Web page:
Protestants take the priestly celibacy as unbiblical or unnatural.
They claim that every man must obey the biblical injunction to "be fruitful and multiply"(Gen. 1:28) and Paul command that "each man should have his own wife and each woman her own husband"(1Cor. 7:2). They also argue that celibacy somehow causes illicit sexual behaviour or perversion or at least correlates with higher incidence of it.
Although most people are at some point of their lives called to the married state, the vocation of celibacy is explicitly advocated as well as practiced by both Jesus and Paul. Paul actually endorses celibacy for those capable of it. (1Cor. 7:8-9).He specifically clarifies:
1 Cor. 7:6-7 I say this as a concession, not as a command. I wish that everyone was as I am. But each has his own gift from God, one this way, another that.
Paul prefers celibacy in 1 Cor.7:27-34) and
1 Cor. 7:38 So then, the one who marries his own virgin does well, but the one who does not, does better.
After Jesus teaching in Mat. 19 on divorce and remarriage, the disciples exclaimed, "If such is the case of a man with his wife, it is not expedient to marry (Matt. 19:10). This remarks prompted Jesus' teaching on the values of celibacy "for the sake of the kingdom"(Matt. 19:11-12).
Protestant reject celibacy considering it as a dogma or a doctrine of Catholic Church and maintain that priestly celibacy was made mandatory much later in the Church history:
It is taken by protestant as a central and irreformable part of Catholic faith, believed by Catholic to be coming from Jesus and the apostles and their objection is that, since Peter was married (Mark 1:30) there cannot be basis for this in Bible.
In reality the celibacy is not the rule for all Catholic priest even today. In Eastern rite Catholics, married priest are the norm, just as they are for Orthodox and Oriental Christians. In Eastern churches married men may become priests, unmarried priest may not marry, and married priests, if widowed, may not remarry. In western or Latin-rite Church the tradition has been for priests as well as bishops to take vows of celibacy, a rule that has been firmly in place since the early Middle Ages, with exception to those who are married priests in Latin-rite, who are converts from Lutheranism and Episcopalians. So all these variation in Catholic church indicates that priestly celibacy is not an unchangeable dogma but a disciplinary rule. Just as the Peter was married so also any of the nearest pastor of Maronite Catholic Church and both are not contrary to what Catholic faith teaches.
Protestants argue that only a man who has demonstrably looked after a family is fit to care for God's Church and an unmarried man is somehow untried or unproven. This is what Paul taught in 1 Tim. 3:2, 4-5.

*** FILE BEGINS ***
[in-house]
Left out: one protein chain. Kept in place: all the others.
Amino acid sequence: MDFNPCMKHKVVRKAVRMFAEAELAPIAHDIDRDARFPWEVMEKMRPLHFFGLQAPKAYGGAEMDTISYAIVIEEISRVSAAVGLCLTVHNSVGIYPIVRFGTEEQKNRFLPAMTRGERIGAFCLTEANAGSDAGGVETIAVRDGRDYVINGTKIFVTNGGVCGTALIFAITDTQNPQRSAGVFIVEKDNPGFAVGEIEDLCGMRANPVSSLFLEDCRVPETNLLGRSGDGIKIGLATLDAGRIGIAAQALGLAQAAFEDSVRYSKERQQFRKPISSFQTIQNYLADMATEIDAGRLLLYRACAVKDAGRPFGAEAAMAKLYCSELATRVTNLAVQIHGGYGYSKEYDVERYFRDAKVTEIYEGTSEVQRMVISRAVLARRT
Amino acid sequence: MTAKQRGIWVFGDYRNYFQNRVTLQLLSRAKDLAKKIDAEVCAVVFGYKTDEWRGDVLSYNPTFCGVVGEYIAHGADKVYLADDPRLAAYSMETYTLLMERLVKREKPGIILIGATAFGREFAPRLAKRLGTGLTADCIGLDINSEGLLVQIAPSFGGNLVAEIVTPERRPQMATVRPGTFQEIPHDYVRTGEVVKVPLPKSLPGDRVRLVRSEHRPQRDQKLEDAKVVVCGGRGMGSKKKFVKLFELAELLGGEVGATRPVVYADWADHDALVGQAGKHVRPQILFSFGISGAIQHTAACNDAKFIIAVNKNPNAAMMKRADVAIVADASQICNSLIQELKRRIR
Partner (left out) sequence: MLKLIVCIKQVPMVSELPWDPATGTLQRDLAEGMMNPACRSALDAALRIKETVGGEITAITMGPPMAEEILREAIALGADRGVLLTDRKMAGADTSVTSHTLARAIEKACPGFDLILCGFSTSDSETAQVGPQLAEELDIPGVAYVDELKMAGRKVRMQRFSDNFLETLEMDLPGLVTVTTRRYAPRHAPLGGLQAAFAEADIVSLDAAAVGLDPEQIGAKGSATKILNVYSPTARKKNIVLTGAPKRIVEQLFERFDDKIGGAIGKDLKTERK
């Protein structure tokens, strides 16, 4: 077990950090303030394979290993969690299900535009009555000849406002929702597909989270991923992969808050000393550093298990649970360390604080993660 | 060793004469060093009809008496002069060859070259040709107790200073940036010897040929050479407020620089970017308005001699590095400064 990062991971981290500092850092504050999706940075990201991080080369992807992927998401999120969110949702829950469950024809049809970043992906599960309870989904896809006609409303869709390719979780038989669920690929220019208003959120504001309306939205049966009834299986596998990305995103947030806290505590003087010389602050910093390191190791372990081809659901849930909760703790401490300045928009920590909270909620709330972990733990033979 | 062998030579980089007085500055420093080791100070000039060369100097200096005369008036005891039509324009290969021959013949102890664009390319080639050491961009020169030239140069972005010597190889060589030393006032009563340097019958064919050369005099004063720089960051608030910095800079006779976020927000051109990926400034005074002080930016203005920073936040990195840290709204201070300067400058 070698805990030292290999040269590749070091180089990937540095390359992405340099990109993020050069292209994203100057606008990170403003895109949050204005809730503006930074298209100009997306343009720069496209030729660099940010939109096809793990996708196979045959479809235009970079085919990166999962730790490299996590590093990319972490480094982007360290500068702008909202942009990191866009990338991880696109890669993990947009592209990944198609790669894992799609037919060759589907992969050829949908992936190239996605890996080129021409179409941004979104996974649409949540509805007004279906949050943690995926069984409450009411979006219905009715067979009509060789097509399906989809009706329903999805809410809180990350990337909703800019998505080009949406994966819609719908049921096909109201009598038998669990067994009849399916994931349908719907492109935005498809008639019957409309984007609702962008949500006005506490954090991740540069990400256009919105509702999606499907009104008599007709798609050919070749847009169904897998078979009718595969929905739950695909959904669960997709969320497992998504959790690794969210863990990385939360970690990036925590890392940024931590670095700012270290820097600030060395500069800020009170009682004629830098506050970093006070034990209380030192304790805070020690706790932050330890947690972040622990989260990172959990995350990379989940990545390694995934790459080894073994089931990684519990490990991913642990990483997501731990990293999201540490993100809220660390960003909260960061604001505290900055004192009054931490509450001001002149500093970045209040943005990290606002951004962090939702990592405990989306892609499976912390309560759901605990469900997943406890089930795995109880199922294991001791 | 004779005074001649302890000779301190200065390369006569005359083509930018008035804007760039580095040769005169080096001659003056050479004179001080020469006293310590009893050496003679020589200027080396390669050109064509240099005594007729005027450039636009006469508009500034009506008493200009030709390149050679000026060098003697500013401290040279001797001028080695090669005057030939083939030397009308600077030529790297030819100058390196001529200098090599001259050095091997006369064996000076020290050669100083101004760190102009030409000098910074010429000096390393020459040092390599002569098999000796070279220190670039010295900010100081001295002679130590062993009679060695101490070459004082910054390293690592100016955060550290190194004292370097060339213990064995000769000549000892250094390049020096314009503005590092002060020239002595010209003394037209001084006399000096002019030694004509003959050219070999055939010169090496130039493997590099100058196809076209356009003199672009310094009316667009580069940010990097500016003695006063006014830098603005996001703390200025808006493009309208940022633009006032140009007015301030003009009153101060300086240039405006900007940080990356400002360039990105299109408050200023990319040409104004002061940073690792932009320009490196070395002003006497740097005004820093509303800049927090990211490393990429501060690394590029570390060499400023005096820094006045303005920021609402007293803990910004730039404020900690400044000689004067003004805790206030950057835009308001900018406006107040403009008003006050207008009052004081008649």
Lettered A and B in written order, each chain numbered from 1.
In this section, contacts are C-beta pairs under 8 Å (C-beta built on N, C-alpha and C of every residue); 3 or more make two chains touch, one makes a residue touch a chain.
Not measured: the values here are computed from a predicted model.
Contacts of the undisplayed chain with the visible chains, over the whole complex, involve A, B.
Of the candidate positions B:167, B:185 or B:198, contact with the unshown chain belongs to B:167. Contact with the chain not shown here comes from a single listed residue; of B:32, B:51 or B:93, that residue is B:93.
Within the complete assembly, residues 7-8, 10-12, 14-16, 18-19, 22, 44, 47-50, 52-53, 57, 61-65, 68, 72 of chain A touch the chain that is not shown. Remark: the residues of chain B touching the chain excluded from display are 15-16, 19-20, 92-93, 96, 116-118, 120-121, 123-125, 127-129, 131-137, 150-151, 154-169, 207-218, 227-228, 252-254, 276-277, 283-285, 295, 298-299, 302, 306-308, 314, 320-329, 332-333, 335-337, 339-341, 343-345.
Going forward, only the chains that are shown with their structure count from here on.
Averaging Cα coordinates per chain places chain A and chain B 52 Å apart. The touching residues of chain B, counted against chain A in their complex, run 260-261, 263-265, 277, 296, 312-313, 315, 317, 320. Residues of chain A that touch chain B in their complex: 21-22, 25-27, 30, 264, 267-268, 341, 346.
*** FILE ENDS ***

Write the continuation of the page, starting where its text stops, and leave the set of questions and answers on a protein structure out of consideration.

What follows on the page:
This is a literal interpretation of the scripture which leads to further absurdities. With the next verse it implies that only those who have children can become bishops. Further to this it implies that only those who can keep their children submissive and respectful in every way can become bishops and so on.
This literal interpretation creates another contradiction. Paul himself was eminent Church leader, was single and happy to be so. Unless Paul was hypocrite he could have hardly imposed a requirement on bishops that he did not himself meet. The point of Paul's requirement that a bishop be "the husband of one wife" is not that he must have one wife, but that he must have ONLY one wife. Conversely, Paul is saying that a bishop must not have unruly or undisciplined children(not that he must have children who are well behaved), and must not be married more than once(not that he must be married).
Lastly Protestants argue that by requiring at least some of its clerics not to marry, the Catholic Church falls under Pauls condemnation in 1 Tim.4:3 against apostate who "forbid marriage".
1 Tim.4:3 They will prohibit marriage and require abstinence from foods that God created to be received with thanksgiving by those who believe and know the truth.
In fact Catholic church forbids no one to marry. No one requires to take a vow of celibacy and those who do so take it voluntarily. They renounce marriage (Matt.19:12); no one forbids it to them. Any Catholic who doesn't wish to take such a vow doesn't have to, and he is always free to marry with Church's blessing. The Church simply elects candidates for the priest hood from among those who voluntarily renounce marriage.
Paul was actually referring to Gnostic sects through the ages that denounced marriage, sex and body as intrinsically evil. Some early heretics fit this description as did the medieval Albigensians and Catharists.
Celibacy is an eschatological sign to the Church, a living-out in the present of the universal celibacy of heaven: "For in the resurrection they neither marry nor are given in marriage, but are like angles in heaven"(Matt. 22:30)